On 9 April, Russia passed the 1 million test mark and in addition to the laboratories of Rospotrebnadzor 200 state medical laboratories and 22 private laboratories are carrying out testing. There is a drive to further expand testing with any laboratory being able to carry out tests by submitting a notification to the central website. [33]

On 27 April, Russia passed the 3 million test mark. [34] On 28 April Anna Popova head of Federal Service for Surveillance in Healthcare (Roszdravnadzor) in a presidential update stated that there were now 506 laboratories testing and that 45% of those tested have no symptoms with the number having pneumonia reducing from 25% to 20% and only 5% of patients with a severe form. 40% of infections were from family members. The speed of people reporting illness has improved from 6 days to the day people find symptoms. Antibody testing was carried out on 3,200 Moscow doctors and 20% have immunity. [35]

Russia continued to have the 2nd highest rate of testing in the world with 4.1m tests at 3 May, [36] 5.2m tests at 9 May, [37] 6.1m tests at 14 May, [38] 7.1m tests on 18 May, [39] 9m tests on 26 May and 10m tests on 29 May. [40]

Dr. Melita Vujnovic, the World Health Organization's representative in Russia, stated that Russia, in accordance with WHO recommendations, "started testing literally at the end of January." [41] Coronavirus testing in Russia was provided by the State Research Center of Virology and Biotechnology VECTOR in Novosibirsk and had to be verified there. [42] [43] There was concern that the tests may have insufficient sensitivity, [42] [43] despite the fact that the tests were verified in China since early February, showed the degree of sensitivity similar to or higher than other tests and the lab has been approved by the World Health Organization. [42] Since 23 March, European Russia doesn't send their batches to Novosibirsk for verification, verifying them instead in a Moscow reference centre. [30]

Asymptomatic test study for antibodies

In a study announced on 14 May, 5.6% of symptomless patients in St. Petersburg had detectable levels of antibodies to coronavirus. The study covered 1,276 coronavirus-positive volunteers aged from 11 to 93 with no COVID-19 symptoms. The study was carried out by Virology Center of St. Petersburg's Hospital No 40 who have carried out 22,000 coronavirus tests since the study started on 1 April. Antibody testing was carried out on the basis of enzyme-linked immunoassay. The announcement stated "The idea is that many hope that after having mild forms of the disease they could be spared from it. Practice however shows that it is not so. So, people should not relax. The immunity stratum is not that thick," [44]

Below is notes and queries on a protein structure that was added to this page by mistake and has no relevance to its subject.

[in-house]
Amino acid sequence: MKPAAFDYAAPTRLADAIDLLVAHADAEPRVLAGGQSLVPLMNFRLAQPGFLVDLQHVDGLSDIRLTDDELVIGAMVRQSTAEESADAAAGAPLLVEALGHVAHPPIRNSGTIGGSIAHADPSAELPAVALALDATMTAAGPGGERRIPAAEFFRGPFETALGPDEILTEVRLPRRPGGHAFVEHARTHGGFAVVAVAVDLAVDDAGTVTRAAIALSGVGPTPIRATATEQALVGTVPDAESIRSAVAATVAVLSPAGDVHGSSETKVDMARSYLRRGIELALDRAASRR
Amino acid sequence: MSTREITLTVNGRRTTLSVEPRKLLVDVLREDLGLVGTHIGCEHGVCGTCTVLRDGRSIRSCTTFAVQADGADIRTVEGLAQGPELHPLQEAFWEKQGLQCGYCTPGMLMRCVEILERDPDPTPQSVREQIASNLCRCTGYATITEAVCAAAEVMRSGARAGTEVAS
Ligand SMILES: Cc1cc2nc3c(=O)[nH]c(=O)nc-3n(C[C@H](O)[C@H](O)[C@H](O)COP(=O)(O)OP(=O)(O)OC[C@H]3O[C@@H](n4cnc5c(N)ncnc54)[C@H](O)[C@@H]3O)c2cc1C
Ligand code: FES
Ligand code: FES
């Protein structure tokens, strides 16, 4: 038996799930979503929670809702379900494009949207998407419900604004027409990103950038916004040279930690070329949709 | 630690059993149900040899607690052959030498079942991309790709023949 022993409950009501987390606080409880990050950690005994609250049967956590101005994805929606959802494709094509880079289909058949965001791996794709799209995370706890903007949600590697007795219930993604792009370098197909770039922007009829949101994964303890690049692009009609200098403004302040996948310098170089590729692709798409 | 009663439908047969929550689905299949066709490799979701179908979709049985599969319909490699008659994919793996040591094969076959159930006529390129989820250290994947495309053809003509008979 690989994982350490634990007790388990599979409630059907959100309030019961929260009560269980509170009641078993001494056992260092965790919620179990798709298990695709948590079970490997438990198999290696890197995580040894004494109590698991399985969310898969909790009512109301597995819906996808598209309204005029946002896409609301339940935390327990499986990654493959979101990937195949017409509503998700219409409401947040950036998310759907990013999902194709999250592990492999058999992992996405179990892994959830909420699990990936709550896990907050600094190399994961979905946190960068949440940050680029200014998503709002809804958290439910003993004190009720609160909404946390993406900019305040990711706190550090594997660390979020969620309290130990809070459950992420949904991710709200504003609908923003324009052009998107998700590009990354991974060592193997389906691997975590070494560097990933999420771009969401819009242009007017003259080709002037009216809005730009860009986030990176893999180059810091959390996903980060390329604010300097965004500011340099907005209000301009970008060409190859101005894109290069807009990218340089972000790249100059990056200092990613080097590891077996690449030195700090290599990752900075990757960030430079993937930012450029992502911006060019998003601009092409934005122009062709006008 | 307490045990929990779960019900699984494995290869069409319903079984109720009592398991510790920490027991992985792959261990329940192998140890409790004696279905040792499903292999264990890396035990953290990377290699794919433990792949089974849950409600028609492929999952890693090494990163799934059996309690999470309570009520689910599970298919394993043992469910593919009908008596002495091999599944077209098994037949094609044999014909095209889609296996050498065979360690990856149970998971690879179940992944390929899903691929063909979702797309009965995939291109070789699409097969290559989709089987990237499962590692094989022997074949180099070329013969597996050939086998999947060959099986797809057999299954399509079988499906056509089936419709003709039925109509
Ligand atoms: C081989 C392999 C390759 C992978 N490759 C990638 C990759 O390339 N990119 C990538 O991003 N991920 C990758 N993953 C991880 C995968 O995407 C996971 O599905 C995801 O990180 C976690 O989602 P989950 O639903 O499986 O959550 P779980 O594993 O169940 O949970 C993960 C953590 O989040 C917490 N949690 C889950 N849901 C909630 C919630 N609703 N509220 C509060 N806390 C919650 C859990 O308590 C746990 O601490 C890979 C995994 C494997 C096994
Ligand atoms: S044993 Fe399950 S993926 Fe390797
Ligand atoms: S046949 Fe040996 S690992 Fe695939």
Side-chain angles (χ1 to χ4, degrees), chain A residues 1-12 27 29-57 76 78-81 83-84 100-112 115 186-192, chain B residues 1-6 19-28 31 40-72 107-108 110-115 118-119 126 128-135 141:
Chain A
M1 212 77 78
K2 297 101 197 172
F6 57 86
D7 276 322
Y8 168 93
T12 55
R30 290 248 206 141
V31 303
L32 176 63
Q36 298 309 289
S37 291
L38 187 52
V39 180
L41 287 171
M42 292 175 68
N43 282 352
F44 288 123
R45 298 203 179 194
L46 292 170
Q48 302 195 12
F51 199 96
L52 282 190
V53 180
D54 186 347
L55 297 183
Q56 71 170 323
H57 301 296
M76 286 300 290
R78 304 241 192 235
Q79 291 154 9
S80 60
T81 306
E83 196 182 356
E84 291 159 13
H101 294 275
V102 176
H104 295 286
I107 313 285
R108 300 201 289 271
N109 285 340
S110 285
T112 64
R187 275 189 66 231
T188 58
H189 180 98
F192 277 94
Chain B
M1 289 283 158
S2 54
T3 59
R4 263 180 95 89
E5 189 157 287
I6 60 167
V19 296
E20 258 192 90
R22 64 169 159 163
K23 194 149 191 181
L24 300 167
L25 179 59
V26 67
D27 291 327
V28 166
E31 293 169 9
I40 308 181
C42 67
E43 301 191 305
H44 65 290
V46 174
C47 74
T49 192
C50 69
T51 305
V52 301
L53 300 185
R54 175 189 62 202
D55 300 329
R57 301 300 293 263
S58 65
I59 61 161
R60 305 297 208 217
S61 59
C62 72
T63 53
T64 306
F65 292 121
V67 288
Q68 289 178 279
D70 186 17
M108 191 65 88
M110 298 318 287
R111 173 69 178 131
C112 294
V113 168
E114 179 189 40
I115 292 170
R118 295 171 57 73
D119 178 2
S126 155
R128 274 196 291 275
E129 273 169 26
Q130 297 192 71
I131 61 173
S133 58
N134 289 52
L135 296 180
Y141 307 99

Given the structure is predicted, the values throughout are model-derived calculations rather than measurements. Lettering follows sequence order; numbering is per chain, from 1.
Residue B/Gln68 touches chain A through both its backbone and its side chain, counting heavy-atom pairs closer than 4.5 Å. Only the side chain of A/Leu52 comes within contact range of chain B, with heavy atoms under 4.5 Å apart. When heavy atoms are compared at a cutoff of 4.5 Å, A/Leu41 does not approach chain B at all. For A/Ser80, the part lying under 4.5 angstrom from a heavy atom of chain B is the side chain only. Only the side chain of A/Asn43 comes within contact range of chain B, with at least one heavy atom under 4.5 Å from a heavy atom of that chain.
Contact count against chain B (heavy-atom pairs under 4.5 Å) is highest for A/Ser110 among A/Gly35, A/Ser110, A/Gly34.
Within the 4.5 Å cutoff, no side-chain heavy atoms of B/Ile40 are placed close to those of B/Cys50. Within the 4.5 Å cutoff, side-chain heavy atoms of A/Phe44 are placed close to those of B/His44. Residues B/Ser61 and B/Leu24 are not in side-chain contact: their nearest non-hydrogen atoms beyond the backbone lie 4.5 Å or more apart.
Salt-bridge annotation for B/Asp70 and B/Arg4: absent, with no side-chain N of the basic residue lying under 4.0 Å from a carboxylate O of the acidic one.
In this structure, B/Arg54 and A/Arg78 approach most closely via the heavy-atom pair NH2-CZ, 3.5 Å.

Travel and entry restrictions

Social distancing signs in the Moscow Metro on 1 April. Razmetka dlia sobliudeniia distantsii v metro 04.jpg
Social distancing signs in the Moscow Metro on 1 April.

On 23 January, the Russian city of Blagoveshchensk, near the Chinese border, limited access to the country. Cultural exchange and official visits to China were cancelled. The Governors of the Amur Oblast Vasily Orlov, and of the Penza Oblast Ivan Belozertsev, called on residents to abandon trips to China altogether. Residents of large cities were told to avoid contact with tourists from China.[ citation needed ]

On 31 January, Deputy Prime Minister Tatyana Golikova said Russia will restrict the entry of foreigners arriving from China, except for flights to Moscow Sheremetyevo Airport. [29]

On 20 February, the entry of Chinese citizens was banned. The temporary suspension is for Chinese citizens entering Russia for employment, private, educational and tourist purposes. [29]

On 28 February, Moscow announced that it would deport 88 foreigners for allegedly violating quarantine measures. [1] Russia barred Iranian citizens from entering Russia and said it would also restrict the entry of South Korean citizens from 1 March. Flights between Russia and South Korea are suspended, except for those operated by Aeroflot and Aurora. [29]